Go to the Museum of the Sandinista Victory, and Nicaraguan President Daniel Ortega is everywhere. There he is on the northern front of the revolutionary war — and the southern front, and the western front.
Ortega has Forrest Gumped himself onto all the major battle lines of the struggle that dethroned dictator Anastasio Somoza in 1979, carried the Sandinista movement to power and radically changed Nicaraguan history.
As for all the other comandantes and major figures who shared in those events with similar or even more important roles?
“We have been erased,” said Sergio Ramirez, the renowned writer and a member of the Sandinista government who served as vice president during Ortega’s first term as president, from 1985 to 1990.
Ortega lost in 1990 — the first post-revolution democratic election — and lost three more times before finally returning to power by winning the presidential election in 2006.
The museum, a government-run project about a year old, is an open-air display that purports to illustrate the historic fight of the Nicaraguan people to rid their nation of decades of “gringo invasions” and other onerous shackles (as the young tour guide put it).
It is also but one example more of what many here see as the cult of personality surrounding Ortega.
In the age-old tradition of dictators including Kim Jong Il and Saddam Hussein (not to mention Somoza, whom Ortega did help depose), the Nicaraguan president has built a national homage to himself. Billboards dot this sprawling, haphazard capital with a larger-than-life picture of him alongside national heroes Ruben Dario and Augusto Sandino. Nicaraguans speak less of Sandinismo and more of Danielismo.
“You invest enough in a myth, and you begin to believe it is true,” Ramirez said of Ortega, with whom he had a falling-out years ago.
Dora Maria Tellez, another leader in the Sandinista revolution, who famously helped command a guerrilla takeover of the National Palace in 1978, where Congress was in session, scolded Ortega and his supporters for minimizing the many fighters who lost their lives. She too was left out of the museum.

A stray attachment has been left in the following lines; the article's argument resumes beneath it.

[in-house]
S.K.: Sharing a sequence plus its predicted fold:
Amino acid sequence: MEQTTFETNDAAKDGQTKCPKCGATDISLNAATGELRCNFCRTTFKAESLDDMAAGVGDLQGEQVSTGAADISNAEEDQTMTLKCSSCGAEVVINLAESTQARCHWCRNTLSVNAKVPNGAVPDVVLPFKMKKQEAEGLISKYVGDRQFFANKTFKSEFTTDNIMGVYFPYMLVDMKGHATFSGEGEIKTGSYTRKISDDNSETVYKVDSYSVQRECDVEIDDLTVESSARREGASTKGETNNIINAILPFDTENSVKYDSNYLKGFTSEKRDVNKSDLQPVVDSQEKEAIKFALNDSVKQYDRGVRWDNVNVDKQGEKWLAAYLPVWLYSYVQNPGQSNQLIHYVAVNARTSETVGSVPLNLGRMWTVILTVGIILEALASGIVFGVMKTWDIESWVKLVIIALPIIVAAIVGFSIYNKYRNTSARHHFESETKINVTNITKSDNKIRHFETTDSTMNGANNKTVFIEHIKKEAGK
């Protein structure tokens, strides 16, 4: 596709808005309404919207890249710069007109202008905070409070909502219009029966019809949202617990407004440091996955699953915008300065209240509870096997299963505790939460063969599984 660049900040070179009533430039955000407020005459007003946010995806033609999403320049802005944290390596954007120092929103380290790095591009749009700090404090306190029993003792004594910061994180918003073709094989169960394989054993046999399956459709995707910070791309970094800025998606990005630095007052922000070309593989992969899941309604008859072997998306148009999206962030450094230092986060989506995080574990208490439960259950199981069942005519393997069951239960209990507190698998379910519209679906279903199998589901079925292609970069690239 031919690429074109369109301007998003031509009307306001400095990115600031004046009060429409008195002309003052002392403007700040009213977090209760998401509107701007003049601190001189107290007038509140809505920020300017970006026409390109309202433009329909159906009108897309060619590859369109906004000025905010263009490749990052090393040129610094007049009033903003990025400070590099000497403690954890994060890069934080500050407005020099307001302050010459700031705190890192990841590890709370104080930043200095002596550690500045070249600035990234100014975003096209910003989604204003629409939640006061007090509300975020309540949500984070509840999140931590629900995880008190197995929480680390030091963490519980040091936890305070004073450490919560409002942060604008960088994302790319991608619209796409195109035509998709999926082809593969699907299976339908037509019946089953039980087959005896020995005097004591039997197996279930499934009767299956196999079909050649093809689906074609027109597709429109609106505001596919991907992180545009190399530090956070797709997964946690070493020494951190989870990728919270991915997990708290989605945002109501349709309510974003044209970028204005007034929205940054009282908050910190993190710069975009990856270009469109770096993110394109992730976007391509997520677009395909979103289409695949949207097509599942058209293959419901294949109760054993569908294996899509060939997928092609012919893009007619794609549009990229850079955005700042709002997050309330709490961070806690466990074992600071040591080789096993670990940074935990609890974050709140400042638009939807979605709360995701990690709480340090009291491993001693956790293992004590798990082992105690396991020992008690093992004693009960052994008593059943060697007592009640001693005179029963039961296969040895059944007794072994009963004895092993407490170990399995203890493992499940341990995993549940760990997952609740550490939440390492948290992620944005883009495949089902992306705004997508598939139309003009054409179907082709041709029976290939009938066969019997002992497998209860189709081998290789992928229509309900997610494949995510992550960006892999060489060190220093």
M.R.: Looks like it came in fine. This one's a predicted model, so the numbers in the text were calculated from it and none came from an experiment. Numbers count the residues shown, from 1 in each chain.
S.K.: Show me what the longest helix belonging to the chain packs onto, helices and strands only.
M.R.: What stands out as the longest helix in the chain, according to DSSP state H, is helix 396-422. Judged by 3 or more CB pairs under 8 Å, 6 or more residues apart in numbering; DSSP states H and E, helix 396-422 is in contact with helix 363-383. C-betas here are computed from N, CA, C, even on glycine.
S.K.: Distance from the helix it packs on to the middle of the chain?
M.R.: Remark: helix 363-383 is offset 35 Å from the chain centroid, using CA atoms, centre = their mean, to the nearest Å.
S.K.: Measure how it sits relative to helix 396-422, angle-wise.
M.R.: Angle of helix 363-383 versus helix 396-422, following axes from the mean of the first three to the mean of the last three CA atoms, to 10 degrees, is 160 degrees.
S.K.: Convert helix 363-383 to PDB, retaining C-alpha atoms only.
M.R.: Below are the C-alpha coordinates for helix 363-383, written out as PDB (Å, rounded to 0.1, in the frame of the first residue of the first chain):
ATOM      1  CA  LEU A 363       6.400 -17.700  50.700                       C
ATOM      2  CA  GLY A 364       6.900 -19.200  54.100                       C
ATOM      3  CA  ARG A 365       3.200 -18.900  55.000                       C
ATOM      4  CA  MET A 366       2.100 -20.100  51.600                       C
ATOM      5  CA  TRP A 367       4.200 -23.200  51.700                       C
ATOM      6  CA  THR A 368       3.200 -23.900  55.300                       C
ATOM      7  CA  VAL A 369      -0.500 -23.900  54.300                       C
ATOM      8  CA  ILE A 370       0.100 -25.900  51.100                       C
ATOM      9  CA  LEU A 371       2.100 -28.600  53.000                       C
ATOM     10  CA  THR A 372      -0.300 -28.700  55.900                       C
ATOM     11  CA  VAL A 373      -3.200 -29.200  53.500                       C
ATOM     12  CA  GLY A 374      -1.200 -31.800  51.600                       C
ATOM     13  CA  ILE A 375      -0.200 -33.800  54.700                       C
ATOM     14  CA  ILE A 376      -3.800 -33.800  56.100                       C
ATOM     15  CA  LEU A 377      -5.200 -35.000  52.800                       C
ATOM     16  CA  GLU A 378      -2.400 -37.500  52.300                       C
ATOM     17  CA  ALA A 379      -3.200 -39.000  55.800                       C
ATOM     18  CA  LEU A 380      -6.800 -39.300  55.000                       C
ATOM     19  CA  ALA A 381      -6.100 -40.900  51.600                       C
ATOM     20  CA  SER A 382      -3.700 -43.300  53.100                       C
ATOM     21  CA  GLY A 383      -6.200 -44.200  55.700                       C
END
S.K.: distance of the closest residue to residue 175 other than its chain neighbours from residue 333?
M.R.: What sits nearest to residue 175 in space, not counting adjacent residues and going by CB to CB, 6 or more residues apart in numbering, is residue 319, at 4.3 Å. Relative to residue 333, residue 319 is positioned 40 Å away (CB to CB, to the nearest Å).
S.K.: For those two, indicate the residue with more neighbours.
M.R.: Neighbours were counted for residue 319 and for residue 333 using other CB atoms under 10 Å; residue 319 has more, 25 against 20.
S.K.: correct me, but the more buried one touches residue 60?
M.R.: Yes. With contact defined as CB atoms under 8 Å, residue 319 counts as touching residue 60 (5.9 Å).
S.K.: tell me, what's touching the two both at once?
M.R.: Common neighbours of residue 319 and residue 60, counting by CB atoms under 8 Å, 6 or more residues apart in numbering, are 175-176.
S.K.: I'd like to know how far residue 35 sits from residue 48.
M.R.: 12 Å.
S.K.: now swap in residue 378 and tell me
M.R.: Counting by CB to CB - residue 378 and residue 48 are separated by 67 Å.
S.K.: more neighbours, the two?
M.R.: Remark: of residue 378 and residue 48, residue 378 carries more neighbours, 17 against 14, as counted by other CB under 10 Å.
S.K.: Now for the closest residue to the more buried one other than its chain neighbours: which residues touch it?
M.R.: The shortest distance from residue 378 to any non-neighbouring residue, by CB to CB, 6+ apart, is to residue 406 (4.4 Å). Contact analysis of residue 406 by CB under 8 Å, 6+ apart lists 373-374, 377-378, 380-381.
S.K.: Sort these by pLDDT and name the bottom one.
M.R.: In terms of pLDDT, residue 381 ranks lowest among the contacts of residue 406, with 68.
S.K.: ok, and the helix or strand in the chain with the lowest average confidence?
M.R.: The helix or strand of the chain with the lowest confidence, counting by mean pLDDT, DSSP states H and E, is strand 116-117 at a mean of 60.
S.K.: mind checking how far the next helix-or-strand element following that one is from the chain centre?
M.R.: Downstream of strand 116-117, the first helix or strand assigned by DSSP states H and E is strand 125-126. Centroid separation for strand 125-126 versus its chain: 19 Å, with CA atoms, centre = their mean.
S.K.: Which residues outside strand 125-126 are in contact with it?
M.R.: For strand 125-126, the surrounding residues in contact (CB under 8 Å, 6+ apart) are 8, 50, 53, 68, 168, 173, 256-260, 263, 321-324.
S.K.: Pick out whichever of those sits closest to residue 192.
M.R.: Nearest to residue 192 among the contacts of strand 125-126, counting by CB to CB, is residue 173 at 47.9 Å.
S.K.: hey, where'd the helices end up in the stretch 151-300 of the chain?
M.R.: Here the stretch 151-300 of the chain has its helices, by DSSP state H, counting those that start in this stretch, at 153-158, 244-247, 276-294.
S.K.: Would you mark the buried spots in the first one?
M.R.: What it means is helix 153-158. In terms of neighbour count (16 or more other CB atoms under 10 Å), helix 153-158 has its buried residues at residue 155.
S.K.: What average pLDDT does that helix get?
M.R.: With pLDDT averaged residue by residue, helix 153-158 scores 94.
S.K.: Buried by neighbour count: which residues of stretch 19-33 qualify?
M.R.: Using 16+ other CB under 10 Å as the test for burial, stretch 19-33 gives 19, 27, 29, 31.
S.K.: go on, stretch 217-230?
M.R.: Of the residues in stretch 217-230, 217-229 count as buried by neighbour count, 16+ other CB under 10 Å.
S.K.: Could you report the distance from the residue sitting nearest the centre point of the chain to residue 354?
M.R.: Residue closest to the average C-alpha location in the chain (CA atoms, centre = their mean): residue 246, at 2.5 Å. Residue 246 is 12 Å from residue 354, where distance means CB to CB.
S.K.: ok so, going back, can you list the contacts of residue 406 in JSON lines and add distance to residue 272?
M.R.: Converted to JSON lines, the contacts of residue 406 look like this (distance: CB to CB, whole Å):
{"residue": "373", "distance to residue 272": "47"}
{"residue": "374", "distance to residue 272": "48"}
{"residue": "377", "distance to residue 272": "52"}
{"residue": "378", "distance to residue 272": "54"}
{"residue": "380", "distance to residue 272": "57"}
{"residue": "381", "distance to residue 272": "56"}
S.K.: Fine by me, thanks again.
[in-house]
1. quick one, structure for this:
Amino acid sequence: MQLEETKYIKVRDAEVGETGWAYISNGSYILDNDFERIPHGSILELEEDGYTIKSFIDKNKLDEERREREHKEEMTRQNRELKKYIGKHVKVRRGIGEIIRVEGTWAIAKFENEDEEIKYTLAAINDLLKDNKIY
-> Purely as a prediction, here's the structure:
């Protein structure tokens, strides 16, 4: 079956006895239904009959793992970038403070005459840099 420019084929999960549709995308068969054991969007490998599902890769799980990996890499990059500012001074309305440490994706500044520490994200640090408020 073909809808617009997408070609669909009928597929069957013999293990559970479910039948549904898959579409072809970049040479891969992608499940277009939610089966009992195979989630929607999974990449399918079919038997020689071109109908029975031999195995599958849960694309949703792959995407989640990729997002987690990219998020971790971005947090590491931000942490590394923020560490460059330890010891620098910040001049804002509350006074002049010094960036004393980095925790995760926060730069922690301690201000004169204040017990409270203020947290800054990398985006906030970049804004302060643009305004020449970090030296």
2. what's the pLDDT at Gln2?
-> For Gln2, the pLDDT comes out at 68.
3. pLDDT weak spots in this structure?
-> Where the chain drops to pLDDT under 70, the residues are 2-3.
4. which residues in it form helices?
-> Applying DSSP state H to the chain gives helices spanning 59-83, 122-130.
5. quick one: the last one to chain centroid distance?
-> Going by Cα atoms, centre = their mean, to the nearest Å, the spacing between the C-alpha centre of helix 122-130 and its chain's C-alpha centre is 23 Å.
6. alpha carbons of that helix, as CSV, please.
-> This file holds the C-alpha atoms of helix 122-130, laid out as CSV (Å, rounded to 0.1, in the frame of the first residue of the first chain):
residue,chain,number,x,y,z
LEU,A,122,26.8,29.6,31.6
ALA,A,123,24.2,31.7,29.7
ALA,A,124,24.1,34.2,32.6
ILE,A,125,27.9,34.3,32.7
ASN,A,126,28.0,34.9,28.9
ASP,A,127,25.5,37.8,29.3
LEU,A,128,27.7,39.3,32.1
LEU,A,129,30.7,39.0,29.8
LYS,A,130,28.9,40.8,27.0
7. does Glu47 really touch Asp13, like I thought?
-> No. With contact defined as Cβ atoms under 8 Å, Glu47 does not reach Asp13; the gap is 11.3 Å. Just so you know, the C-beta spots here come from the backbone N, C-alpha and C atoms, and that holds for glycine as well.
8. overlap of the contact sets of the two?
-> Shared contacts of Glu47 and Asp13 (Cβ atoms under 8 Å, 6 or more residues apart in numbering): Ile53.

“Soon, Ortega will be the only leader of his faction, the only combatant, the only revolutionary, the only governor, the only liberator — the one indispensible,” she told El Nuevo Diario shortly after the museum opened last year.
Critics accuse Ortega of sidelining what was a collective movement, the Sandinista Front, to replace it with glorification of his own role and current virtual omnipresence.
This comes as Ortega is attempting to rewrite the Nicaraguan Constitution so he can succeed himself in the presidency and, many suspect, hang on to an enriching and increasingly autocratic power indefinitely. It is part of a trend across Latin America, where several elected presidents, mostly on the left but also the right, have attempted to use democratic institutions to essentially undermine democracy and cement their position in office.
Ortega’s actions horrify many in Nicaragua, especially his erstwhile allies and compañeros. But most of the population hadn’t been born during the pivotal events in the Sandinista revolution. Many youths have been drawn to today’s incarnation of a populist leader who incongruously portrays himself as a revolutionary and born-again Christian.
Ortega does not generally speak to the international press but has defended his presidency as one that works on behalf of the poor. Nicaragua remains the second most impoverished country in the hemisphere.
In last month’s celebration of the 31st anniversary of the revolution, Ortega filled a plaza with supporters chanting his name — “Daniel! Daniel!” — and told them that the Nicaraguan people “deserve” his continued leadership.